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What Should Singers Do When the Air Quality is So Bad?

Well, it’s “fire season” in California again.

When the AQI goes up, singers need to take into account the toll that bad air quality can take on the human voice. Everyone who depends on their voice for their livelihood should consider a different strategy of vocal health and hygiene during times like this. Teachers, podcasters, physicians, and anyone who uses Zoom to get their business done could benefit from a better vocal health approach during the new fifth season of the year.

As air enters the body, it first enters the nasal passages where it is warmed, humidified, and filtered. When the air is dry and full of smoke, the nasal passages can’t effectively accomplish this work. After air leaves the nasal passages it enters the pharynx. If you look in your throat past the uvula, you may notice some redness or swelling in the back of the throat. After the air leaves the nasal passages and pharynx, your larynx and vocal folds are the last line of defense before the lungs.

The same pollutants that irritate the lungs can irritate the vocal folds and membranes of the nose and throat. These areas can become inflamed, creating an environmentally caused “pharyngitis” or even “laryngitis”.

Even if you aren’t experiencing breathing-related symptoms, your voice, and the surrounding tissues, can become compromised from smoke inhalation. In addition to the description of the typical scratchy or hoarse voice, your voice may initially lose elasticity and range as the folds swell.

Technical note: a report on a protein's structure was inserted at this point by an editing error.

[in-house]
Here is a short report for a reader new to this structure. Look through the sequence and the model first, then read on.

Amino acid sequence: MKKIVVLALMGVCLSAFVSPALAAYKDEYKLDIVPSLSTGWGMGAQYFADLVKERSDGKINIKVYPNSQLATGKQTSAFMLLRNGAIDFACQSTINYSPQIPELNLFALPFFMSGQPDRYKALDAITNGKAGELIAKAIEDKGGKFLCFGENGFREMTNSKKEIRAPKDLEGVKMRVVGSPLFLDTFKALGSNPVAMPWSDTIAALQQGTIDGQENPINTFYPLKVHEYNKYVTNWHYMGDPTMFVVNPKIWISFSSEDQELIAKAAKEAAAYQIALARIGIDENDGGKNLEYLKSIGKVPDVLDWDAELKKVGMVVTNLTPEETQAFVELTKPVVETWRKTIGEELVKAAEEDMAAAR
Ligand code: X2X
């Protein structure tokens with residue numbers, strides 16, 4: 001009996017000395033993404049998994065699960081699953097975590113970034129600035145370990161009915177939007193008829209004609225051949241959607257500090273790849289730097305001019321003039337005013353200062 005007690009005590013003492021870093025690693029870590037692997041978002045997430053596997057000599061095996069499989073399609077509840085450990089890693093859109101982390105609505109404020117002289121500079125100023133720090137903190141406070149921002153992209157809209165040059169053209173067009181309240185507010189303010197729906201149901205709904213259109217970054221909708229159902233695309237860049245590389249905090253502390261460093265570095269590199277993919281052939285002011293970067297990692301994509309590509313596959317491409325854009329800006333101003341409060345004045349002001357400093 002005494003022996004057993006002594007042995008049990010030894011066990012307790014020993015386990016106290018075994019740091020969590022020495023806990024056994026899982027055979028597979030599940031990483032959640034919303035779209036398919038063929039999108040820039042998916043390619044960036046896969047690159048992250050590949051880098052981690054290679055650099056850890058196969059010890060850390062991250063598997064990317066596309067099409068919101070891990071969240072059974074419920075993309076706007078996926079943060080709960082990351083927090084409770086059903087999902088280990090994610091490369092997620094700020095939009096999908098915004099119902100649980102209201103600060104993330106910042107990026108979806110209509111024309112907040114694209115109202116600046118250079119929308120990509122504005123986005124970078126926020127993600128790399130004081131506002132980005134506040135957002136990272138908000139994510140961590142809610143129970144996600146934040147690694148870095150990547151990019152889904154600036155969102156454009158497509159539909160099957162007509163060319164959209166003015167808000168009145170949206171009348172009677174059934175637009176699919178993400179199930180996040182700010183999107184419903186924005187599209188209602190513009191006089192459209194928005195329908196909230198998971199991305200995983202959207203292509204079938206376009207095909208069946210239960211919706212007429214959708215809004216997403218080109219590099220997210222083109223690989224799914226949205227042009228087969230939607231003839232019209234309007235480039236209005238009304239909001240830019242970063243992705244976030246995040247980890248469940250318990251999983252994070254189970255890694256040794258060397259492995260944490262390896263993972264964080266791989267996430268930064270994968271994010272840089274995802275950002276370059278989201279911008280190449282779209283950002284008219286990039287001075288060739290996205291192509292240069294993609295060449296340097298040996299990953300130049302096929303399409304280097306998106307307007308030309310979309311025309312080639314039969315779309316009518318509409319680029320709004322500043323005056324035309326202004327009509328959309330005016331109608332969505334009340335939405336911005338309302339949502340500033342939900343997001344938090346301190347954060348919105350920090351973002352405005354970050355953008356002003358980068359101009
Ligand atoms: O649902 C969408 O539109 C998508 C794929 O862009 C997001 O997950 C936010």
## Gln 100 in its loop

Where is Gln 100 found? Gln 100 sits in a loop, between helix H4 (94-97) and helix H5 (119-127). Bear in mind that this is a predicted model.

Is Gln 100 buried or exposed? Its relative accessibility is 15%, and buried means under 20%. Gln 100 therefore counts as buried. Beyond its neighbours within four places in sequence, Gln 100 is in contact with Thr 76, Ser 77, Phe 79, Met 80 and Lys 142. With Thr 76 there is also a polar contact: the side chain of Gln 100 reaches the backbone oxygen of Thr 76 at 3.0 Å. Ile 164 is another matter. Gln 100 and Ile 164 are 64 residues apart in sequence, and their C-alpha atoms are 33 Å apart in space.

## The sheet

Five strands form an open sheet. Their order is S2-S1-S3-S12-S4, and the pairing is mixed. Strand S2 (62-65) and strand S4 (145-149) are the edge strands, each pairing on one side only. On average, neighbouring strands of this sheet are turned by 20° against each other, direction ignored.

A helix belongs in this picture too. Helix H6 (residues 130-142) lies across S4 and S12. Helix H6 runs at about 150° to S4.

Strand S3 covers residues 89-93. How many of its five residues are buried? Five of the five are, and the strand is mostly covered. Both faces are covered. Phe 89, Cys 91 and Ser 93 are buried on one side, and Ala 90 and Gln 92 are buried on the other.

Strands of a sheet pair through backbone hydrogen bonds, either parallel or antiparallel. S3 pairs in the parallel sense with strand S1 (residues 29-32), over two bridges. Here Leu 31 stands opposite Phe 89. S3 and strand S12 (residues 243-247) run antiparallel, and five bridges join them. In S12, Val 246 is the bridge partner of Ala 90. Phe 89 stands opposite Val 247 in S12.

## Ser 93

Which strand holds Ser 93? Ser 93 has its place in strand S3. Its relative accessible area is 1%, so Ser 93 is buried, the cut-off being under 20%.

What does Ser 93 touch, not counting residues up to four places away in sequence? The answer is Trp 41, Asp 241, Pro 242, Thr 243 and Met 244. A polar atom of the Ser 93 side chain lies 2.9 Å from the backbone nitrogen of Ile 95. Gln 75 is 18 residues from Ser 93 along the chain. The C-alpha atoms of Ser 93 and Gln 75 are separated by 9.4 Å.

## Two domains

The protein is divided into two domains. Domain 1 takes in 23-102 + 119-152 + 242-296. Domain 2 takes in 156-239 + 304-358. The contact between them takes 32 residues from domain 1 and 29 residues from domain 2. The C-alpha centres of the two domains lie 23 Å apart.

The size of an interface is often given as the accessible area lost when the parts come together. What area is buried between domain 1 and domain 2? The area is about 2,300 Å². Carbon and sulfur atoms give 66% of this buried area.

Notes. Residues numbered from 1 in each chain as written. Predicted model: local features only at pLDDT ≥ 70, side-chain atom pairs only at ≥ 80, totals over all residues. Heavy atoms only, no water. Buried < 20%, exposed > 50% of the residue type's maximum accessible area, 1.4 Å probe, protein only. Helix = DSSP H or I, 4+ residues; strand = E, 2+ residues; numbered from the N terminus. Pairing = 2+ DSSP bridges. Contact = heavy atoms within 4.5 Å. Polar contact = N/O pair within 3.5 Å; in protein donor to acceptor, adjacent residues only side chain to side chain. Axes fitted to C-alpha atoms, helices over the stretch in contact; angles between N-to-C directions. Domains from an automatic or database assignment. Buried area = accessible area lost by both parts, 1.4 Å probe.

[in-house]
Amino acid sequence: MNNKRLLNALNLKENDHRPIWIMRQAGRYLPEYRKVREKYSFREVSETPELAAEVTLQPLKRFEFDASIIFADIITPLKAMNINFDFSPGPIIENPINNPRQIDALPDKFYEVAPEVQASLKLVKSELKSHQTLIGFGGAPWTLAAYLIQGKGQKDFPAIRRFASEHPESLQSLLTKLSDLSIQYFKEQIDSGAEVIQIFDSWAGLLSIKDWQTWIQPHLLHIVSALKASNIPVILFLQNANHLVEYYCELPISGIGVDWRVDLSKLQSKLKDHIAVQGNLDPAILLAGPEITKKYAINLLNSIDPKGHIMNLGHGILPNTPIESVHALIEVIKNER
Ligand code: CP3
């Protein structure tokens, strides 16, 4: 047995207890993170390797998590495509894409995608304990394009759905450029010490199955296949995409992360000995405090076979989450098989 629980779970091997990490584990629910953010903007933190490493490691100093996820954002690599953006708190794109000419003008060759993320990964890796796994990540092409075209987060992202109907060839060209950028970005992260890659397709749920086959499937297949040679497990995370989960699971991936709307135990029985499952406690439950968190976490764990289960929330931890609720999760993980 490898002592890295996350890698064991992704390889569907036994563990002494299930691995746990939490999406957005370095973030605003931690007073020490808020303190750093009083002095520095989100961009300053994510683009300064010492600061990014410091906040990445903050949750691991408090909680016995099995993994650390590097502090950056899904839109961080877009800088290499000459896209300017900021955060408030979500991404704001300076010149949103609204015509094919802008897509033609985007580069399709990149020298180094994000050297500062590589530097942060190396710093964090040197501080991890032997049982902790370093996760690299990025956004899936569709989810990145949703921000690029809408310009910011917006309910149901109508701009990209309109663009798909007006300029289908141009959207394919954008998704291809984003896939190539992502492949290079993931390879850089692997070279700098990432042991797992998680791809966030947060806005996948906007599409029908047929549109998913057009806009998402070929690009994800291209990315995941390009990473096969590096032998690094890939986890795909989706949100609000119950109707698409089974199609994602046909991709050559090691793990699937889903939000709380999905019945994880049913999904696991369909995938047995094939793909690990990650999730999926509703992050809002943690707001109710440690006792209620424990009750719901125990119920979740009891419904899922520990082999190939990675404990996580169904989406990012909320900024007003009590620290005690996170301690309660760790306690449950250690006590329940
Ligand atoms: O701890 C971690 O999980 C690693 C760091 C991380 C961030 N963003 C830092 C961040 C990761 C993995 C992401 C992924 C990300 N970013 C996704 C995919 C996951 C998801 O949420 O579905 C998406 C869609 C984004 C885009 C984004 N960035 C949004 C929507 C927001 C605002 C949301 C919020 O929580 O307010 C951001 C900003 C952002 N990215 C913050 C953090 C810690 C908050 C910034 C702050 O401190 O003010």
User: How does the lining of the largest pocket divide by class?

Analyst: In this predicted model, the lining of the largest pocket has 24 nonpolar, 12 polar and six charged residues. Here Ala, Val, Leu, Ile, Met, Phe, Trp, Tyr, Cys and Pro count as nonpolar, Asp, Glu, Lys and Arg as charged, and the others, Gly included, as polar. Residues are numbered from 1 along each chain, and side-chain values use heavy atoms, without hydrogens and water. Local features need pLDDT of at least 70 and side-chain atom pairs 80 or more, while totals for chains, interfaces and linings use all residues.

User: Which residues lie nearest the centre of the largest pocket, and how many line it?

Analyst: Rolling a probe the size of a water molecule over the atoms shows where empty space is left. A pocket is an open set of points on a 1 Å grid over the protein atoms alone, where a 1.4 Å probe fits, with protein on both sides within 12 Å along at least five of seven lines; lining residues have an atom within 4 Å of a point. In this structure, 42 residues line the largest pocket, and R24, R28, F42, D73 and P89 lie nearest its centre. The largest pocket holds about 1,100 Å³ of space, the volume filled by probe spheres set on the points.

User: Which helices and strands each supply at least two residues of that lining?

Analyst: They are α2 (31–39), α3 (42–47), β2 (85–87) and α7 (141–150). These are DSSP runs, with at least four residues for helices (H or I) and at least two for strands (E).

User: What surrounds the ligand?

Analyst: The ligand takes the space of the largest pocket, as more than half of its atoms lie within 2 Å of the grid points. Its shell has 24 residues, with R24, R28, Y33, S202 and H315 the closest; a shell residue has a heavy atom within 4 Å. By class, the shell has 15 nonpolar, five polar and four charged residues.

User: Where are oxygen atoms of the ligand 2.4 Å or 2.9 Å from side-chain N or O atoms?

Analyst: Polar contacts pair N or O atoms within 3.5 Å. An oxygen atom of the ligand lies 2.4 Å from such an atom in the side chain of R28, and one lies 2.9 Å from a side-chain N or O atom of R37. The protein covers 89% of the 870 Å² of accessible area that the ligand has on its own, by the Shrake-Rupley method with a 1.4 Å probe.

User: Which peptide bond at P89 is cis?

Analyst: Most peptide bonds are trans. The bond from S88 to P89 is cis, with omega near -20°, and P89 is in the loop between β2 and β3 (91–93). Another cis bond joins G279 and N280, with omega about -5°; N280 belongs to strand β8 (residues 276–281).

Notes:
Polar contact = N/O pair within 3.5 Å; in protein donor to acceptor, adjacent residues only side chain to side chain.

Simply put, your high notes might take a temporary hiatus until the air quality returns and your body can address the vocal inflammation.

Even Singing Birds Have a Hard Time!

If you’re feeling vocally impaired from poor air quality, you’re not alone. Even the birds seem to have a hard time singing with pollutants.

“Researchers at Cornell University found that black-capped chickadees who are exposed to polychlorinated biphenyls (PCBs) lost their ability to properly sing a two-note mating song … Hormone receptors in the birds’ brains are affected by exposure to environmental PCBs, causing the chickadees to sing off-key.”

I’m not sure how they measured the pitches of the birds, but check it out for yourself.

How Do You Know If Poor Air Is At The Root Of Your Symptoms?

Sometimes, it can be hard to tell the difference between smoke-induced problems and problems due to poor rehearsal techniques. Chances are, if you have any new symptoms during poor air quality, the air is likely a culprit. This article lists just some of the symptoms of exposure to wildfires listed by the EPA.

Most health-related lists don’t even begin to touch the vocal symptoms of bad air quality.

What Can We Do? Here’s what the EPA recommends (with my comments in parenthesis):

  • Stay indoors if you can, with the windows and doors closed. (During high AQI, don’t open windows, and consider taping the ventilation in bathrooms shut)

  • If you have air conditioning, run it continuously, on the manual cycle. It’s also helpful to close the fresh air intake so that smoke doesn’t get inside the house. If your system allows for it, install a high-efficiency air filter, classified as MERV 13 or higher.

  • Portable air cleaners can also reduce indoor particulate matter in small spaces. (I have a nice HEPA filter in my main living space. HEPA, medical-grade filters will work best)